Last year we got a new genre of filmmaking called Menthol Noir in the form of Drive. This year, it is Andrew Dominik’s Killing Them Softly. If you’re in for a crackerjack violent bit of filmmaking with some of the best dialogue of the year, it’s time for you to head over to the multiplex.
An adaptation of George Higgins' 1974 book Cogan's Trade, Killing Them Softly is a raw, brutal crime dramedy set in a post Obama financially challenged Boston. Brad Pitt (who actually arrives much later in the film) stars as Cogan, a slick freelance hitman, draped in oily black, and is as nihilistic as he is professional. Cogan is summoned by a shady mobster (Richard Jenkins) to ‘take care’ of two small time crooks who dared to upset the criminal syndicate of the town by robbing a mafia poker game at gunpoint. The plot is simple but Dominik packs in a shotgun blast of detailing, with a series of truly amazing spitfire set pieces.
Killing them Softly is not exactly subtle. Nearly every single character oozes sarcasm and nonchalant disdain for the Obama administration. The opening shot has audio recordings of the 2009 financial crisis, juxtaposed with stark, destitute, unforgiving urban locales. In fact the film itself is quite misanthropic and to an extent hates the paying audiences as well, but does it with a hell of a lot of sardonic suaveness. This is not Casino or Sopranos, this is a world where hitmen have to kill people for reduced fees because of the economic downturn. One character viciously mouths ‘America is not a country, it’s a business, so pay me my fucking money’.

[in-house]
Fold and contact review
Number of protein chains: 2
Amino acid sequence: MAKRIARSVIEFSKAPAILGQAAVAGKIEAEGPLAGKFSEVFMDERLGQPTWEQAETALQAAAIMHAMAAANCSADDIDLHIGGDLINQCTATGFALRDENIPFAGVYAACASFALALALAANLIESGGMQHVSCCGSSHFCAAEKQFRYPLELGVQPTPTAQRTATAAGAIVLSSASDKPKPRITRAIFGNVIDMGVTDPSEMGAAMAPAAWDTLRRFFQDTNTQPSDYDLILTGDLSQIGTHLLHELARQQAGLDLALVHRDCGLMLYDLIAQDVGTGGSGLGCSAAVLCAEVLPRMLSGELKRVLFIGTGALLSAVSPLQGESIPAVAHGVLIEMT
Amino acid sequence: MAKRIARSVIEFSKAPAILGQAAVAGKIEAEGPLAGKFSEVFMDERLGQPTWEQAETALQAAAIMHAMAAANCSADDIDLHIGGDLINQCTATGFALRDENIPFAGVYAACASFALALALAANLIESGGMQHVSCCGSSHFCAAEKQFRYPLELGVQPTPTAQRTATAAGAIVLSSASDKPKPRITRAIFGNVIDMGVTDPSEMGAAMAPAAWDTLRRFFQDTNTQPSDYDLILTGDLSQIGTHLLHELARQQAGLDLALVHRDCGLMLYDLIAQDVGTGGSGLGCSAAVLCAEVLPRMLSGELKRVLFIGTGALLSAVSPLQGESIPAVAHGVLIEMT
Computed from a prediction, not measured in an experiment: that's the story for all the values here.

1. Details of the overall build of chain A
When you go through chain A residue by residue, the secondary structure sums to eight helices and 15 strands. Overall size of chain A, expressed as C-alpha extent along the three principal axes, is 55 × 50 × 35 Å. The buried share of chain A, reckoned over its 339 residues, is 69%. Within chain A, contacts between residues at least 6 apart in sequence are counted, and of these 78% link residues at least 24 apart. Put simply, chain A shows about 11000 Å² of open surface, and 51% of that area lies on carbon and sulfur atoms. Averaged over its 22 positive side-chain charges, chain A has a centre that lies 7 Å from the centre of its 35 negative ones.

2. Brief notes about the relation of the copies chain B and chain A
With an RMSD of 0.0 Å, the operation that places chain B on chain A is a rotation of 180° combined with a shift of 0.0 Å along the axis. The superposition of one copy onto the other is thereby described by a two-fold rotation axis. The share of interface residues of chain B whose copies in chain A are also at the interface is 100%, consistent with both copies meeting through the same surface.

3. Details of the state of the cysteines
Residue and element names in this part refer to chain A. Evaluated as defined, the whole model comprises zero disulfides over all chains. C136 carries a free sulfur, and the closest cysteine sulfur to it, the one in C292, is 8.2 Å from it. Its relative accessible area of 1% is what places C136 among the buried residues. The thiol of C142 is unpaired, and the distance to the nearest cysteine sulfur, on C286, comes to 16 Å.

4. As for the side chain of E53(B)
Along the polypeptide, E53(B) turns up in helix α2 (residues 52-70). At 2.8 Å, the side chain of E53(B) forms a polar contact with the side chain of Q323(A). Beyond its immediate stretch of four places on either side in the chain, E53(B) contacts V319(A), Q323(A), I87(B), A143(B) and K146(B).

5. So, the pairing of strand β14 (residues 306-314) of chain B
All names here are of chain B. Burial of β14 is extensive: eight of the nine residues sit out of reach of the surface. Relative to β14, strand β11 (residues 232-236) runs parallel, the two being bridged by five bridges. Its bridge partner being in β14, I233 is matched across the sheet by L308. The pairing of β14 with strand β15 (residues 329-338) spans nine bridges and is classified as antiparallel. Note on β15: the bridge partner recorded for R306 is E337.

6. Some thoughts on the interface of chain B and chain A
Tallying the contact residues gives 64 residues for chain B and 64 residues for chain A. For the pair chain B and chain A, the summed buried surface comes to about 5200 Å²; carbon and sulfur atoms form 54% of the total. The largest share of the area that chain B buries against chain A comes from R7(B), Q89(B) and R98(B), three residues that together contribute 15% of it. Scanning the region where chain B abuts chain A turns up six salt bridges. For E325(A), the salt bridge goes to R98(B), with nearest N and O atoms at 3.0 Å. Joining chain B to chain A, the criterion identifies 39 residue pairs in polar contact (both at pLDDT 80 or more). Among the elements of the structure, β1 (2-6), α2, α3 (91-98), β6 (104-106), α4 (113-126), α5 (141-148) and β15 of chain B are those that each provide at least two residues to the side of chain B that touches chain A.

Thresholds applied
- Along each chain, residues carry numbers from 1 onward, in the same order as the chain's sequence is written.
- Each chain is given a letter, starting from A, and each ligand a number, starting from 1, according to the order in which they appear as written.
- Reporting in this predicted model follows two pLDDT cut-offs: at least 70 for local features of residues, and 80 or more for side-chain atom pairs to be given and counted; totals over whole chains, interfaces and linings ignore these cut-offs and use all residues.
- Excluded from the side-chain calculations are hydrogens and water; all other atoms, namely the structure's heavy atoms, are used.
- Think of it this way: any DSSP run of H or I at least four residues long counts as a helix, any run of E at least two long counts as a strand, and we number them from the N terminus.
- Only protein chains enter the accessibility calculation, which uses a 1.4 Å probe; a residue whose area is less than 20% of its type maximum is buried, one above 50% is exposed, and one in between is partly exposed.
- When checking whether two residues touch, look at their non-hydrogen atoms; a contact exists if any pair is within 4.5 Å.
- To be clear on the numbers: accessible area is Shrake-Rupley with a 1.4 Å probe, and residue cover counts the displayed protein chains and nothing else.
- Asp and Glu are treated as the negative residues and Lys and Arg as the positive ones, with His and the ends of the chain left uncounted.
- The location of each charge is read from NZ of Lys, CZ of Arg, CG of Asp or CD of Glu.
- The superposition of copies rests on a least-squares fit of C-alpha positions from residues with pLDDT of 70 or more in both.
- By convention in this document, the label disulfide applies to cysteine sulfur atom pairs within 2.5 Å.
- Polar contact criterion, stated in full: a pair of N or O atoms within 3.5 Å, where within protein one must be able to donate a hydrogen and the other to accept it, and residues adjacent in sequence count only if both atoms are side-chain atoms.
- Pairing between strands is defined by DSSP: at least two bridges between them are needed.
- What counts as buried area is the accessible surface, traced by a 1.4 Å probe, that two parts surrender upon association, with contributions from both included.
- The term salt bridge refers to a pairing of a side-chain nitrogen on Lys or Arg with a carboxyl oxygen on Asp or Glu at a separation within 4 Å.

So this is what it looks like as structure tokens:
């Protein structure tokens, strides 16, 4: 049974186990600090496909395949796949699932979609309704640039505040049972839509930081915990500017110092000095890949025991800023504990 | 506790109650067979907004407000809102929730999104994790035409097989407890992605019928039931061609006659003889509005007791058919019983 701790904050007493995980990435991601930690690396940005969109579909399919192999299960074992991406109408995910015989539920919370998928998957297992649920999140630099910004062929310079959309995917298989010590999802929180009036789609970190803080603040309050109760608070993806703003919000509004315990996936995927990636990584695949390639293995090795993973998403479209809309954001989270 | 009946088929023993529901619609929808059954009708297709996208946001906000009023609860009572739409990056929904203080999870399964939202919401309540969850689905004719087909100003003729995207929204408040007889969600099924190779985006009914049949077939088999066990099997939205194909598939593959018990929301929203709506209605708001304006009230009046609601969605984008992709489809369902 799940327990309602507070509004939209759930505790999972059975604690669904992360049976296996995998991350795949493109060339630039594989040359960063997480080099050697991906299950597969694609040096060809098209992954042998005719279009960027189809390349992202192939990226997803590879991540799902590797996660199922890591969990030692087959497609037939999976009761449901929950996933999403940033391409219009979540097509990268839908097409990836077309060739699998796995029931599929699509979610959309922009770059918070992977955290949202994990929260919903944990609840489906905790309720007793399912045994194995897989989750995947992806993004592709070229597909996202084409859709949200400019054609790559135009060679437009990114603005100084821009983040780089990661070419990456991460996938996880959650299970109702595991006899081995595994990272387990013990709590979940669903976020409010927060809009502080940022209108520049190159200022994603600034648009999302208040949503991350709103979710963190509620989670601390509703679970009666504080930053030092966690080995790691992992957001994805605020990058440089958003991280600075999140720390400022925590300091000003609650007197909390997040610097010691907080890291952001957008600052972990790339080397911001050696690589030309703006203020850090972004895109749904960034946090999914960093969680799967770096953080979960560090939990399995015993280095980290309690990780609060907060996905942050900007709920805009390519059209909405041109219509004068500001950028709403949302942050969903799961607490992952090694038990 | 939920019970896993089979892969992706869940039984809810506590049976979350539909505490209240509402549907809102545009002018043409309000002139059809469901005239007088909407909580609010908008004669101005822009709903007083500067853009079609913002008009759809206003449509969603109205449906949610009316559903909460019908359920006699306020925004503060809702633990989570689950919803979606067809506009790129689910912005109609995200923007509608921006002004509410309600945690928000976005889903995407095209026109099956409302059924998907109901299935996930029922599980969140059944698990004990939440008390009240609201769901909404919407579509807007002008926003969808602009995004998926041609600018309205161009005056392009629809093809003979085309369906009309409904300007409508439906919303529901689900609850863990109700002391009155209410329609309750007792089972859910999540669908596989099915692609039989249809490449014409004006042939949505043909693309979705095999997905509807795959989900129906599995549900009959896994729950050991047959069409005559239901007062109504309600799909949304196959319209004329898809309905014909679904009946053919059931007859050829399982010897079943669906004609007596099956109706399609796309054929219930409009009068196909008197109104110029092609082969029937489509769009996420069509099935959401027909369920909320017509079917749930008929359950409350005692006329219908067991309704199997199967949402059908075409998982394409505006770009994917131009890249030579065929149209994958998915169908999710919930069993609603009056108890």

The film is extremely dialogue heavy but it’s not all preachy, and Dominik settles for a decidedly tongue in cheek tone for the most part. The best scene involves two people trying to set a car on fire which ends in a hilarious mess. The top notch cast of Pitt, Jenkins, James Gandolfini, Ben Mendelsohn, Sam Shepherd are only matched by the stunning visual and aural aesthetics. Scott McNairy (from the indie hit Monsters) is perfectly emancipated, an embodiment of the small time crook who knows he screwed up and is running out of time and chances. Ray Liotta is excellent in the polar opposite of his role in Goodfellas. Pitt’s character is classic, and one hopes he gets to do more films with Dominik in the future. It’s also ballsy of Pitt to take on this sort of role in a small film, instead of just doing a commercial romcom or a Michael Bay movie and count his Dineros.
Greg Fraser’s camerawork is mindblowing to say the least – one slow motion car shootout plays out like a murderous ballet and it’s hard to keep one’s lower jaw affixed to its upper counterpart. Another standout sequence features a POV shot of a character coming in and out of a drug induced haze. It’s not an action film, but the little bits of violence are stunning enough to make you squirm in your seat. And it’s nasty as hell, but with a certain freewheeling charm.
(First published in MiD Day)